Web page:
Bee on the lookout

Bee on the lookout

Wilson resident Kit Prendergast is spreading the good word about bees. Photograph – Aaron Van Rongen.

The buzz-phrase around town at the moment is ‘be kind to bees.’

Wilson local and resident bee expert Kit Prendergast is spreading the good word that bees are nothing to be afraid of – far from it – they’re our environment’s best friend.

“In terms of bees, it’s a look, don’t touch situation, most of our native bees can sting, males can’t sting but we don’t really interfere with their activities,” she said.

They’re beautiful to watch, so I suggest everyone go out into their gardens to look for bees.

“There are about 20,000 species in the world, so we really need to recognise there are more species than our honeybees.

“There are 11 species of bees in Australia that don’t sting and they live in colonies like our honeybees by the majority of native bees are solitary and every female can reproduce.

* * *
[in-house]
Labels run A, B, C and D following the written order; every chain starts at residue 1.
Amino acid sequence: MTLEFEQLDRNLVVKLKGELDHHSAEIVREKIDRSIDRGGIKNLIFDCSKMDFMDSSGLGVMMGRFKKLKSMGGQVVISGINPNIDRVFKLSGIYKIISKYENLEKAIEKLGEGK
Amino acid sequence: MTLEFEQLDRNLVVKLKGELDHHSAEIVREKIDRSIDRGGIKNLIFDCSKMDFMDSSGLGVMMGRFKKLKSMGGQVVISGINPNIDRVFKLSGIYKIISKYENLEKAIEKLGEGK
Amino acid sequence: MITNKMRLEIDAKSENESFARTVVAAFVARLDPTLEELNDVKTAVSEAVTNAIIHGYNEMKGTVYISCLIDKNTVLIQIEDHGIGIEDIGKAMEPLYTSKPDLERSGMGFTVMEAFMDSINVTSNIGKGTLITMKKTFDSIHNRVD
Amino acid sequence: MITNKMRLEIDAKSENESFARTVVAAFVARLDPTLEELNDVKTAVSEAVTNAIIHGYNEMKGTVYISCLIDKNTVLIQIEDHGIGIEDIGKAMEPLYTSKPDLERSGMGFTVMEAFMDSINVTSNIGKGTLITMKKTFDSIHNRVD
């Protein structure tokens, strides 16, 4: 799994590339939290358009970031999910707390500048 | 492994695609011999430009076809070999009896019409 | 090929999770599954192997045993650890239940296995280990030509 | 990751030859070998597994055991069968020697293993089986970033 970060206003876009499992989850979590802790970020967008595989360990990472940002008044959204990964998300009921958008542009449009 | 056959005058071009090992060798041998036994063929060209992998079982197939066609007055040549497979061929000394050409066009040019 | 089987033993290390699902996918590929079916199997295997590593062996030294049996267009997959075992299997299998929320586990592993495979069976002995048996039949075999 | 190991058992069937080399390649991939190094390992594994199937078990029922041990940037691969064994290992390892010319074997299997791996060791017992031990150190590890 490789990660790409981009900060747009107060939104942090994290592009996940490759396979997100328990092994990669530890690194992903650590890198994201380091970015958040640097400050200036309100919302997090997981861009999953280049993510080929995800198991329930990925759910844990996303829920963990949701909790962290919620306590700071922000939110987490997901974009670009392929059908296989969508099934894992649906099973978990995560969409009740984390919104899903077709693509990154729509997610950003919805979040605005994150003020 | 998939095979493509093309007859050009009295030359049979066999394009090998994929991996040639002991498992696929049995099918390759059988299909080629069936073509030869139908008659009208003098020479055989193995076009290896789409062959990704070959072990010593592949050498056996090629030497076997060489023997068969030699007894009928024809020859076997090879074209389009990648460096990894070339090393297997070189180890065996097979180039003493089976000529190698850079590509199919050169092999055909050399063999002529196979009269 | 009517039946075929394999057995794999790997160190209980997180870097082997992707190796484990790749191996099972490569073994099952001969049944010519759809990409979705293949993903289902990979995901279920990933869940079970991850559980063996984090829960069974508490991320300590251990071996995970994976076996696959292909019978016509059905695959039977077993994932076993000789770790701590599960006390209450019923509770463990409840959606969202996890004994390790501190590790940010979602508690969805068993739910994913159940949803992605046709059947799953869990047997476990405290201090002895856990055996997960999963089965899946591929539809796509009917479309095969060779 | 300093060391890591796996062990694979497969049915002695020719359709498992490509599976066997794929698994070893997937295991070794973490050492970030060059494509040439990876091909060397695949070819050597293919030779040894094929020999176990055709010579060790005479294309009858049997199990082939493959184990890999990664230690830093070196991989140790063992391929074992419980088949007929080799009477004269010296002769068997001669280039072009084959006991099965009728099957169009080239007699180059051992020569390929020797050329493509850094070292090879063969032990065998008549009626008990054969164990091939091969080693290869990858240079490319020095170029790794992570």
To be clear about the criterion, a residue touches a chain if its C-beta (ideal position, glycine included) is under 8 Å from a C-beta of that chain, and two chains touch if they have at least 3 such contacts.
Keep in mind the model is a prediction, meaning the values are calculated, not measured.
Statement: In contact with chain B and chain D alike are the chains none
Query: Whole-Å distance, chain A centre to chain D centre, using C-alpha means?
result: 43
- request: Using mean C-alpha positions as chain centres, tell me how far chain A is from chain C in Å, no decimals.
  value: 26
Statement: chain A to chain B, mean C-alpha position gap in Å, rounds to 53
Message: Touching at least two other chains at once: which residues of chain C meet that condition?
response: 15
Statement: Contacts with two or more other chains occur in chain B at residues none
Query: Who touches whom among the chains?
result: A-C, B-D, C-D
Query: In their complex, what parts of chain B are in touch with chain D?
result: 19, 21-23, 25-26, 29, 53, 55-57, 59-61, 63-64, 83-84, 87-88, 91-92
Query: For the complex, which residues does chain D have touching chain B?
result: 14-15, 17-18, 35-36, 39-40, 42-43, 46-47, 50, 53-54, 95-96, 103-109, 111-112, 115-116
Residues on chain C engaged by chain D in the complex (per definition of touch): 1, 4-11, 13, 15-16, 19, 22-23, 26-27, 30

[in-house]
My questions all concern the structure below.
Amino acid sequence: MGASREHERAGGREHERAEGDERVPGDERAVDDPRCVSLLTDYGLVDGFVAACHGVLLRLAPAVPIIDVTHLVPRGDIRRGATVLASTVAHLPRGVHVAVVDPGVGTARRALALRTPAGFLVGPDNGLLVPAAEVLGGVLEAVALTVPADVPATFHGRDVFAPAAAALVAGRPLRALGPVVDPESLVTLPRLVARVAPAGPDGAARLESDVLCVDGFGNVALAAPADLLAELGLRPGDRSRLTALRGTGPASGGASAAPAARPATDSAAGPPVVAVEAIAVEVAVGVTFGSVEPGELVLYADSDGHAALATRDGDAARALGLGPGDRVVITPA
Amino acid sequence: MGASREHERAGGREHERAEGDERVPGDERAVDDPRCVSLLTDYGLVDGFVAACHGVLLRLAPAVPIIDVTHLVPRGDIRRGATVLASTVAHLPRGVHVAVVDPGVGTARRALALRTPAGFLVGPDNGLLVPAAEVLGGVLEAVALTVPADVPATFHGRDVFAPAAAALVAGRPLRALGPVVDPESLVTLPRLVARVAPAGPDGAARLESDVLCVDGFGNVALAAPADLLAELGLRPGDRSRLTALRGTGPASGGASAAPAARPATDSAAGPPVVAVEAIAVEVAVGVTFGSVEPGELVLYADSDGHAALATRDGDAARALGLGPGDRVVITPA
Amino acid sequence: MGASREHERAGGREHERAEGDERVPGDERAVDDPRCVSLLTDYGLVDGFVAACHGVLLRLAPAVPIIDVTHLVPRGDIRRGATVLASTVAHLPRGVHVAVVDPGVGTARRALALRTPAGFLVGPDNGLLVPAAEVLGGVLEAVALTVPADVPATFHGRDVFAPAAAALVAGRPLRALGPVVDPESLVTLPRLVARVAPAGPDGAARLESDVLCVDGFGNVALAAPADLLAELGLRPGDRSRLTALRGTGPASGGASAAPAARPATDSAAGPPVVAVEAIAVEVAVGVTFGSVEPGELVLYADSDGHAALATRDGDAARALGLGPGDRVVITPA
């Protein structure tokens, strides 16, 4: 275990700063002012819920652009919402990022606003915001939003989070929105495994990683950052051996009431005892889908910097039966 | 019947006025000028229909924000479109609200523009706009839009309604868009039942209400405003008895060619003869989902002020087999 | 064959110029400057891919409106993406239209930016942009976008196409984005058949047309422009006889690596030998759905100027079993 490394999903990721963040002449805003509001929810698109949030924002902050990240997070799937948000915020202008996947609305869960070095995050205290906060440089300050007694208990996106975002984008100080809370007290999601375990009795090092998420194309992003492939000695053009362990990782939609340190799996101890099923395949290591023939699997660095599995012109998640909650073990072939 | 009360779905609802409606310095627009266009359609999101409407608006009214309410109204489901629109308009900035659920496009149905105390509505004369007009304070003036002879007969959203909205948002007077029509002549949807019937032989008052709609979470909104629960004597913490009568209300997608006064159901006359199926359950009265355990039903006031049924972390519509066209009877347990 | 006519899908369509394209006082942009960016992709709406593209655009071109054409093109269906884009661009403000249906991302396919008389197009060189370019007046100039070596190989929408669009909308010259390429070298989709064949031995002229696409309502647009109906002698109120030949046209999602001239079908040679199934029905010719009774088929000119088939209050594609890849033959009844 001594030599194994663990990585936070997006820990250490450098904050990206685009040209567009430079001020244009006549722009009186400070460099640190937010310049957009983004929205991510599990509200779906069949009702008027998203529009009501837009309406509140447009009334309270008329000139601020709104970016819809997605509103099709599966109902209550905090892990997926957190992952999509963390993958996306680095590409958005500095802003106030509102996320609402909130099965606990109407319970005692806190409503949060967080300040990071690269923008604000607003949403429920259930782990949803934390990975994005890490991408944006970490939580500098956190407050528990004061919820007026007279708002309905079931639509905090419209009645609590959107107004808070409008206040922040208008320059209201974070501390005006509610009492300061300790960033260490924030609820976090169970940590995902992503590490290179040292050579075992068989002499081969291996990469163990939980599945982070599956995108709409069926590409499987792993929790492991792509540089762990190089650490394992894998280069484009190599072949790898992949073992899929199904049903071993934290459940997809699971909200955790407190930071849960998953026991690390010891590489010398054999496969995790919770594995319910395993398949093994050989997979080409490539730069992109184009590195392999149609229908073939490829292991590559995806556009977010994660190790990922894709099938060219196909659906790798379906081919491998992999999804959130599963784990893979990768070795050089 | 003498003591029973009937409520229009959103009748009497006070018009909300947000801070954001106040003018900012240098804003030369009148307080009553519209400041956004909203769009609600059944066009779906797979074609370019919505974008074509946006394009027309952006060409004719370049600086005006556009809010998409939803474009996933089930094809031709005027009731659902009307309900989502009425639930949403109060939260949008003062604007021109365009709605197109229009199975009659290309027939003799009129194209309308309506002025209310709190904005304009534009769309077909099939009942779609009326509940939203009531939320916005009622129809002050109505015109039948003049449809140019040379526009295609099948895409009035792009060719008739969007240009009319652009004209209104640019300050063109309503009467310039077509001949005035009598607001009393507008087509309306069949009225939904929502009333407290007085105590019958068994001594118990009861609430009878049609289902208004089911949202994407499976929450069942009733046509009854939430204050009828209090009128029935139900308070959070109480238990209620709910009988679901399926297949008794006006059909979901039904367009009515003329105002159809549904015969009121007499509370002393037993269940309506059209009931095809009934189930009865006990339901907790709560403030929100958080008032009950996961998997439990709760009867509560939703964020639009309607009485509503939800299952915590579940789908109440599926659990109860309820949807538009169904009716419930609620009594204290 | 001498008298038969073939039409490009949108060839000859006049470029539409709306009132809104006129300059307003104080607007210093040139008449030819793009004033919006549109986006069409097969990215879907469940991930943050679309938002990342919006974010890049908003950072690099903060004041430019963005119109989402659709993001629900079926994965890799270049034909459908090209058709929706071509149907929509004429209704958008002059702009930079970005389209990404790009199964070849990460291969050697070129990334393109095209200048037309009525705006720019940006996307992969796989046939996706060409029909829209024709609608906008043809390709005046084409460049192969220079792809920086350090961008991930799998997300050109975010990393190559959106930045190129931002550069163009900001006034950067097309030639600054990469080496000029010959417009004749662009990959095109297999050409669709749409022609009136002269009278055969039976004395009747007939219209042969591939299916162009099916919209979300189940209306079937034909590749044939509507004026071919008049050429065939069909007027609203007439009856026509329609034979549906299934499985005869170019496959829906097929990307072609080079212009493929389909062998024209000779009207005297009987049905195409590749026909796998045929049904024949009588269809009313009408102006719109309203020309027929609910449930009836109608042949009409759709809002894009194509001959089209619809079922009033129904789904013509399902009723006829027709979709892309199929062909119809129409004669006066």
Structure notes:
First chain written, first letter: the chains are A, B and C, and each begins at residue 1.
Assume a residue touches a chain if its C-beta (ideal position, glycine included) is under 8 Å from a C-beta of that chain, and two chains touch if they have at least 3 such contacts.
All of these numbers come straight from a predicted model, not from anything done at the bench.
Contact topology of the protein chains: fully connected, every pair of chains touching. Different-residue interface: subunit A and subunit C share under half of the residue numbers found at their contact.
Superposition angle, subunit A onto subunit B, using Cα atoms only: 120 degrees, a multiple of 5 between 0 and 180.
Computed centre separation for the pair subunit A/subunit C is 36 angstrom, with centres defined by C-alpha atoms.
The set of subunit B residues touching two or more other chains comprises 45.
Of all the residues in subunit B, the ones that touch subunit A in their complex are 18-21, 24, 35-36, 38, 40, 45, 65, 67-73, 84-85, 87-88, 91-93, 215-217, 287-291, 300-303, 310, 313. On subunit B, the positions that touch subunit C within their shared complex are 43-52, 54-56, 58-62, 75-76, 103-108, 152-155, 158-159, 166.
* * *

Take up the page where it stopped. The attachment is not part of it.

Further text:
“Our bees span a huge range of body sizes from just over 2mm in length to over 2cm in length and lots of our native bees can come in an amazing array of colours, including ones that are blue with black dots, ones that are black with red fuzz on their bottoms and heads and ones that have red or green eyes.”

Kit Prendergast said World Bee Day, which is celebrated on May 20, is about celebrating the most important of our pollinators.

“The health of bees relates to the health of ecosystems, they ensure that plant populations continue to persist in bushlands, in agricultural areas and in our gardens,” she said.

“We can help native bees, firstly and most importantly by protecting native vegetation and this includes in our cities.

“We can also help native bees in our gardens by planting flowers, native flowers are best for bees and also by creating bee hotels, which are little areas bees can nest in.”

Kit Prendergast regularly hosts ‘bee hotel’ making sessions.

“You can make them by getting bamboo of diameters of three to 10 millimetres and bundling them together or getting a block of wood and drilling holes through to 10 millimetres in diameter,” she said.